Clinical Chemistry In the Department of Pathology
 ANA immunofluorescence
 Indirect immunofluorescence of ANA (homogeneous pattern)

Allergy & Autoimmune Testing

Allergy testing

The Stanford laboratory can look for IgE antibody against a large number of allergens. But we have created a number of screening panels for ordering convenience.

The “Air-Carried House & Outdoor Option” (ACHOO) includes 16 airborne allergens, including the common outdoor pollen allergens, molds, and indoor allergens such as cockroach, dog and cat dander, and dust mites.

The “Ingested Things Causing Hives” (ITCH) panel includes all of the common food allergens causing problems in both children and adults. Both of these panels also include total IgE which, if elevated, can help suggest that low or moderately elevated specific IgE levels may be significant. There are also specific panels for bird allergy, mold allergy, insect venom, penicillin, chemical allergy and commonly requested groups of food allergens.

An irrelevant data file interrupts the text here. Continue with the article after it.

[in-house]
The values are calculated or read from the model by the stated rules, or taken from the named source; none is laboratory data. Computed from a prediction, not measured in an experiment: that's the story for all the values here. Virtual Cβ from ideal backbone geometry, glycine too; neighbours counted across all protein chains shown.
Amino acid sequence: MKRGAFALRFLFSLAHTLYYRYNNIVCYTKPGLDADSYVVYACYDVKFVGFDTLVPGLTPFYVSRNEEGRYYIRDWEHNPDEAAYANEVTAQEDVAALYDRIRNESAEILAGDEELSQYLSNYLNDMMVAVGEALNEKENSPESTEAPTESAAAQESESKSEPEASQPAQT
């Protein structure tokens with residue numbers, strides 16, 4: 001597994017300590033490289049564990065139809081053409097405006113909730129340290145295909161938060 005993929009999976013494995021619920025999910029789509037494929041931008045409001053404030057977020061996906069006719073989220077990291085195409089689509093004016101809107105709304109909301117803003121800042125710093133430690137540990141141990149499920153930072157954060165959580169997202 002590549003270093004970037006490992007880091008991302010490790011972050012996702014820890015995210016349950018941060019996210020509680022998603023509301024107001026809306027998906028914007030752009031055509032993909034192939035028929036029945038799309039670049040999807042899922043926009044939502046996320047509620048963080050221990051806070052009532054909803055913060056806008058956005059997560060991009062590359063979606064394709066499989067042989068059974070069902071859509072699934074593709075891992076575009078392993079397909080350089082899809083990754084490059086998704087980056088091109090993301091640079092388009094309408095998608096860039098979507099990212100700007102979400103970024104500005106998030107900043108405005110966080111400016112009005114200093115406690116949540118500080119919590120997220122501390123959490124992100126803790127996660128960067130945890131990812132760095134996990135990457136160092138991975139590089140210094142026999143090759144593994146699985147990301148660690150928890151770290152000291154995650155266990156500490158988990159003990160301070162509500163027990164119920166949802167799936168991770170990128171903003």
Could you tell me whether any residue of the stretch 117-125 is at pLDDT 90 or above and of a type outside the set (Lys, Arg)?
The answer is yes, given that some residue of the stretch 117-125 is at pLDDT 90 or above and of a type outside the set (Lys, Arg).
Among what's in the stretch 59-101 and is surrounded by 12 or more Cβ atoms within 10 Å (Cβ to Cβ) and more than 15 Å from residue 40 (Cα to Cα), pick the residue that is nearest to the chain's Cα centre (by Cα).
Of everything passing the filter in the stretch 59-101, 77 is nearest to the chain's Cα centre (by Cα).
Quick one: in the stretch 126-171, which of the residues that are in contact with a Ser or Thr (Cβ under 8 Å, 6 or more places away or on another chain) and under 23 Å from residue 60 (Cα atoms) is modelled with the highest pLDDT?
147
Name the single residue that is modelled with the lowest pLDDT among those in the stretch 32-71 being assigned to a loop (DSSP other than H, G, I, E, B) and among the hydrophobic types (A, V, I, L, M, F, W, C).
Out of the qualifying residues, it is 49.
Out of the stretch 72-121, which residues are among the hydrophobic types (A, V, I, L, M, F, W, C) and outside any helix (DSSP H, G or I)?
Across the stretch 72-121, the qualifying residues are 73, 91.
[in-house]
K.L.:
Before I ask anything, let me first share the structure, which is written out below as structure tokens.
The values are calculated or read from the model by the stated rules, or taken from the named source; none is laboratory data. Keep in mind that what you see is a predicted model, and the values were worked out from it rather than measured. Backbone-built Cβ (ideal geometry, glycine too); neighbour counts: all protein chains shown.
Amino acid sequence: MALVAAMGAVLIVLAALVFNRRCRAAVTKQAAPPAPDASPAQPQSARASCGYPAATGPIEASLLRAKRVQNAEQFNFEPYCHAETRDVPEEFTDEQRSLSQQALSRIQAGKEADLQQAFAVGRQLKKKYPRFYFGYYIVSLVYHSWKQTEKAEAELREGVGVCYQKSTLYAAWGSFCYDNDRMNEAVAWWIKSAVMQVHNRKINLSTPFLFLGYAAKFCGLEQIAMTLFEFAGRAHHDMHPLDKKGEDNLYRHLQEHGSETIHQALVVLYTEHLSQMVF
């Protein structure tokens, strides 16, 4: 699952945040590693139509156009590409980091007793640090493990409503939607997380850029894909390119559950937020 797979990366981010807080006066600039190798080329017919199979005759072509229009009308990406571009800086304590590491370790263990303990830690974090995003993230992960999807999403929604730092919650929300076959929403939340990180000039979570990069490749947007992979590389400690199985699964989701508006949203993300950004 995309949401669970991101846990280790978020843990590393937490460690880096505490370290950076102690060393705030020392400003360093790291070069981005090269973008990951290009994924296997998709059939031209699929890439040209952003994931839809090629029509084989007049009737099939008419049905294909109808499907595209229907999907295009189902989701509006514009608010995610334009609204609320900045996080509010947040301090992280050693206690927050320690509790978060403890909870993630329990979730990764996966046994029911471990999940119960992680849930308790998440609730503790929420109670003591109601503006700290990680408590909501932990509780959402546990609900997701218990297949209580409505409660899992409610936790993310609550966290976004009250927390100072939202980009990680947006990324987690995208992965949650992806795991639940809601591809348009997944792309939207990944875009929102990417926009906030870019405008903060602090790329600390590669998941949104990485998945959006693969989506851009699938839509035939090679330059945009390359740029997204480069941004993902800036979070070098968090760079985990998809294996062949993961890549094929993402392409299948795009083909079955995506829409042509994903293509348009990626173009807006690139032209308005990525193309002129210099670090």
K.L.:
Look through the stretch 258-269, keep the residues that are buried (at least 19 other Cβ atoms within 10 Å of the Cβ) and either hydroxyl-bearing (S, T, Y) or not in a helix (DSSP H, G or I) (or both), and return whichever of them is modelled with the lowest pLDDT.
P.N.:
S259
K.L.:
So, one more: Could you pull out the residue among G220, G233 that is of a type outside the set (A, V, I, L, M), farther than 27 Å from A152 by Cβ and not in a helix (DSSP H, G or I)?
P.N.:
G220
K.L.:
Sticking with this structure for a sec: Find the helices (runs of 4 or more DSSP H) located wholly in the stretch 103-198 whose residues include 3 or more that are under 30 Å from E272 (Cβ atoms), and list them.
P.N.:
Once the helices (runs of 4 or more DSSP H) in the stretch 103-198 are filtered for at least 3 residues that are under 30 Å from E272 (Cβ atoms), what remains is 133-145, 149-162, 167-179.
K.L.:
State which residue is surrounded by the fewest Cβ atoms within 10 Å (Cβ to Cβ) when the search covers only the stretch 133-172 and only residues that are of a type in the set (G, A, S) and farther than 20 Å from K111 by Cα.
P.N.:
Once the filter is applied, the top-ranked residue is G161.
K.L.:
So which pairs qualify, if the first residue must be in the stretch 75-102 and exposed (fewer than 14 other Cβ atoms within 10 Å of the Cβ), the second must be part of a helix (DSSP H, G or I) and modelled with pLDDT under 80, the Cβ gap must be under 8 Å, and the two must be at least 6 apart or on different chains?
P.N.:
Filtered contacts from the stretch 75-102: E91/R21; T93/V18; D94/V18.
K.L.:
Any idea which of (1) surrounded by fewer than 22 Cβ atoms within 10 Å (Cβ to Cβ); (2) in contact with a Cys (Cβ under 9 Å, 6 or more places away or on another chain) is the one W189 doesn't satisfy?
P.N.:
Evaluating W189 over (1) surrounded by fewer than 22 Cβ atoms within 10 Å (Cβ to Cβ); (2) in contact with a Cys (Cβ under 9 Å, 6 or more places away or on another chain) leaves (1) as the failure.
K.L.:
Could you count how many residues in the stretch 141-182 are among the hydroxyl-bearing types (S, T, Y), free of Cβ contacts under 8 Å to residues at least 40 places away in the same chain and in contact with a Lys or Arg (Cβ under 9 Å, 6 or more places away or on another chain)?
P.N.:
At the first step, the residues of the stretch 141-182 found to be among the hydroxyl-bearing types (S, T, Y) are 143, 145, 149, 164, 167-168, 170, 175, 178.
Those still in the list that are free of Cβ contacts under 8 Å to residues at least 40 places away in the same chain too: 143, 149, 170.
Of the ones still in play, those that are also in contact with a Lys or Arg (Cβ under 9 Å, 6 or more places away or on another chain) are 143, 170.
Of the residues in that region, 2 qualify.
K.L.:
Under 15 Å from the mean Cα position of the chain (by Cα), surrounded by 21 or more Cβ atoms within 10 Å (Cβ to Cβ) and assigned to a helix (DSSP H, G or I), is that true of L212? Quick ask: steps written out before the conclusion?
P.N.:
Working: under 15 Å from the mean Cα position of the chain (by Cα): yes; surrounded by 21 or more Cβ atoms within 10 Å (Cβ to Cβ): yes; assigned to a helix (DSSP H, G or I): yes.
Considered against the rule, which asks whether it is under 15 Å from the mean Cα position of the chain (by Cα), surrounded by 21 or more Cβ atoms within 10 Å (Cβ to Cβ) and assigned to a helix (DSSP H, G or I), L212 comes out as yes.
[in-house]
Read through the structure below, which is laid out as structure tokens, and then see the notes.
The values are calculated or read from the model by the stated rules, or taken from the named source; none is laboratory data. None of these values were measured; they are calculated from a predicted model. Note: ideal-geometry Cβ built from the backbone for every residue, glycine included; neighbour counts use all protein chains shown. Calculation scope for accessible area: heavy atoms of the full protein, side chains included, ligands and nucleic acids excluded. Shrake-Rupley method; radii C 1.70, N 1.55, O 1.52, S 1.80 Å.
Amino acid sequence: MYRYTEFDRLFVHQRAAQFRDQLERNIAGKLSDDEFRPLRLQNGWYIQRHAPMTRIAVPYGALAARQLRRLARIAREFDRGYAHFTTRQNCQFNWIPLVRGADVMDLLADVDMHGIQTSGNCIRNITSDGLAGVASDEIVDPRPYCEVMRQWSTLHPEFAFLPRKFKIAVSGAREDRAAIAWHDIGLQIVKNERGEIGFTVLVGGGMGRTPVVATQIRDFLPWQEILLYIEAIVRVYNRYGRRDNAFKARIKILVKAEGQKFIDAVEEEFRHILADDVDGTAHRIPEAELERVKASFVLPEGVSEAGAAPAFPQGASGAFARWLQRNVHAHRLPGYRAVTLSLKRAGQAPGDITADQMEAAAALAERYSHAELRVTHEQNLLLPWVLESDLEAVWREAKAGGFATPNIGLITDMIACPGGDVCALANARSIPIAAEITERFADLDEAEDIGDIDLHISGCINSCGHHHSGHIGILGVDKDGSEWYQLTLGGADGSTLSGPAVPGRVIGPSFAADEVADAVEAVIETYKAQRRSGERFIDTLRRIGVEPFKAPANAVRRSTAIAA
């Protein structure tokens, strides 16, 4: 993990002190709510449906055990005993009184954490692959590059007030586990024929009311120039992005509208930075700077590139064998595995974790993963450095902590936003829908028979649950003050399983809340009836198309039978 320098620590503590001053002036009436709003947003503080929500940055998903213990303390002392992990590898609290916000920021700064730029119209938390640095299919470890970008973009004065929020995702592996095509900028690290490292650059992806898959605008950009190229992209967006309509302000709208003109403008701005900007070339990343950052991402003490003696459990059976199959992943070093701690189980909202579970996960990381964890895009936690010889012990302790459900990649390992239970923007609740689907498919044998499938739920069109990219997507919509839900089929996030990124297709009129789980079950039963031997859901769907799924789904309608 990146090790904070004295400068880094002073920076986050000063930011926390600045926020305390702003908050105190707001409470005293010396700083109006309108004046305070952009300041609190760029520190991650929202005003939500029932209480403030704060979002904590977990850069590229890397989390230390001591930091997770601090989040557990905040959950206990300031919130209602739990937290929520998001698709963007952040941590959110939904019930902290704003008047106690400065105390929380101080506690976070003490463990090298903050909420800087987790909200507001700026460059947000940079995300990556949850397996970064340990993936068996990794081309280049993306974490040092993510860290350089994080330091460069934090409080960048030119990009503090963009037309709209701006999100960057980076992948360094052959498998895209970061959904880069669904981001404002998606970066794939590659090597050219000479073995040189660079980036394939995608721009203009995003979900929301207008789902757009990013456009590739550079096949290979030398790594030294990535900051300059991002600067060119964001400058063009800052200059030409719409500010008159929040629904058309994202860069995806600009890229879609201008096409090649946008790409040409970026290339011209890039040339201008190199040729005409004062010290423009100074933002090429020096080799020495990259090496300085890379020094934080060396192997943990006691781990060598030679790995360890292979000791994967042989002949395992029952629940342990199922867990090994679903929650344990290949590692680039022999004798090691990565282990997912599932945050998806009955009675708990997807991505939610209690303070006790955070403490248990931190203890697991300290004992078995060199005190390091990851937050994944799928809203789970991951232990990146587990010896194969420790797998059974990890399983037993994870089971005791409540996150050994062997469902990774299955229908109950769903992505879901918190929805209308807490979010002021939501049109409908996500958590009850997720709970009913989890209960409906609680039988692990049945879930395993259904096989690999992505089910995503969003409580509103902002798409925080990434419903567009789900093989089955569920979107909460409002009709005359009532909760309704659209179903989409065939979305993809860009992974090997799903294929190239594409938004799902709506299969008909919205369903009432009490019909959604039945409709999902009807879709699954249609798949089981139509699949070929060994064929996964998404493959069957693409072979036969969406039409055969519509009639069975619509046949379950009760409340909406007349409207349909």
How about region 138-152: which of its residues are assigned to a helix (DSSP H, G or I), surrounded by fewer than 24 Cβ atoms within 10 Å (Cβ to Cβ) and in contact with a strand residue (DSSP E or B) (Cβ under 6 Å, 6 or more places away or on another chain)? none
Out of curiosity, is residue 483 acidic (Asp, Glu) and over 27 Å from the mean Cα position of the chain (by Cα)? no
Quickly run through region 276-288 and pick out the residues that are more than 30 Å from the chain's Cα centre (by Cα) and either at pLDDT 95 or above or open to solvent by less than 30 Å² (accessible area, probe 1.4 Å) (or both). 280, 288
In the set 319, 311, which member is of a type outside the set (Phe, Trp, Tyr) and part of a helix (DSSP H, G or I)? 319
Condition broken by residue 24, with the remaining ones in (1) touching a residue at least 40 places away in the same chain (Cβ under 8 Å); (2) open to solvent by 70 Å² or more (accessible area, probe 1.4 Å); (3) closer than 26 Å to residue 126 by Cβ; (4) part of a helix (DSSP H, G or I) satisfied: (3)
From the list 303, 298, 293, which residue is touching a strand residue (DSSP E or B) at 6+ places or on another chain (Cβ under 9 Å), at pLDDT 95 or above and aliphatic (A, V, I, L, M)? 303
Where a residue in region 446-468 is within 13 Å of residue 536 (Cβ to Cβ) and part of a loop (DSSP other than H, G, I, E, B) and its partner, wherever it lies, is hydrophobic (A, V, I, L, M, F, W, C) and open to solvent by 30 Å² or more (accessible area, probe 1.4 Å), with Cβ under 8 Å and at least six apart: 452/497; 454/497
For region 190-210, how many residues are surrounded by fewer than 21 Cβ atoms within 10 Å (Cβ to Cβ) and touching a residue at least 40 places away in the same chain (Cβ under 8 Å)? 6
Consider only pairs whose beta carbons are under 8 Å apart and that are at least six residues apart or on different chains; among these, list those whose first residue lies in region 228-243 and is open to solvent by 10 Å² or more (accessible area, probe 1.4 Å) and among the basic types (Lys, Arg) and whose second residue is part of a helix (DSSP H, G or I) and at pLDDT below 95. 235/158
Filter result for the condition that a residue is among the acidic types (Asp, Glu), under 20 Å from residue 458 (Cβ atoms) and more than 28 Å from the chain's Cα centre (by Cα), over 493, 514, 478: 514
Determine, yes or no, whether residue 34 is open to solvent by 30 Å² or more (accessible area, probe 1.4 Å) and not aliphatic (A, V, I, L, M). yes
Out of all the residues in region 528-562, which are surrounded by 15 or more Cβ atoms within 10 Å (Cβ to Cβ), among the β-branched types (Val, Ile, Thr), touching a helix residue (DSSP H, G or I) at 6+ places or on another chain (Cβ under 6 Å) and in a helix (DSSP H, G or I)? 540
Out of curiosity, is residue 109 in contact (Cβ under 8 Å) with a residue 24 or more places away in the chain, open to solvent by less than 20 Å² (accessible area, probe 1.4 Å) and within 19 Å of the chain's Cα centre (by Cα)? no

We would be happy to discuss your specific needs (and customize a panel for your practice).

Anti-nuclear antibody

We recently began screening for ANA using an enzyme immunoassay (“ELISA”) method in which a variety of individual nuclear antigens are placed on a solid-phase as targets for the patient's specimen.

However, we are not abandoning indirect immunofluorescence. Specimens positive in the ELISA screen are still examined this way for verification and quantitation. At Stanford, a device in our fluorescent microscope allows us to add neutral density filters in small increments to quantify the brightness of the fluorescence and, using calibrators, determine the ANA “titer” without the additional labor of traditional serial dilution. Furthermore, this approach standardizes the procedure. Indirect immunofluorescence is very subjective and visual determination of the degree of “brightness” (and, hence, the titer of ANA) is subject to significant inter-individual variation. The quantitative approach used at Stanford insures that titers reported over time will be more reproducible when following individual patients.

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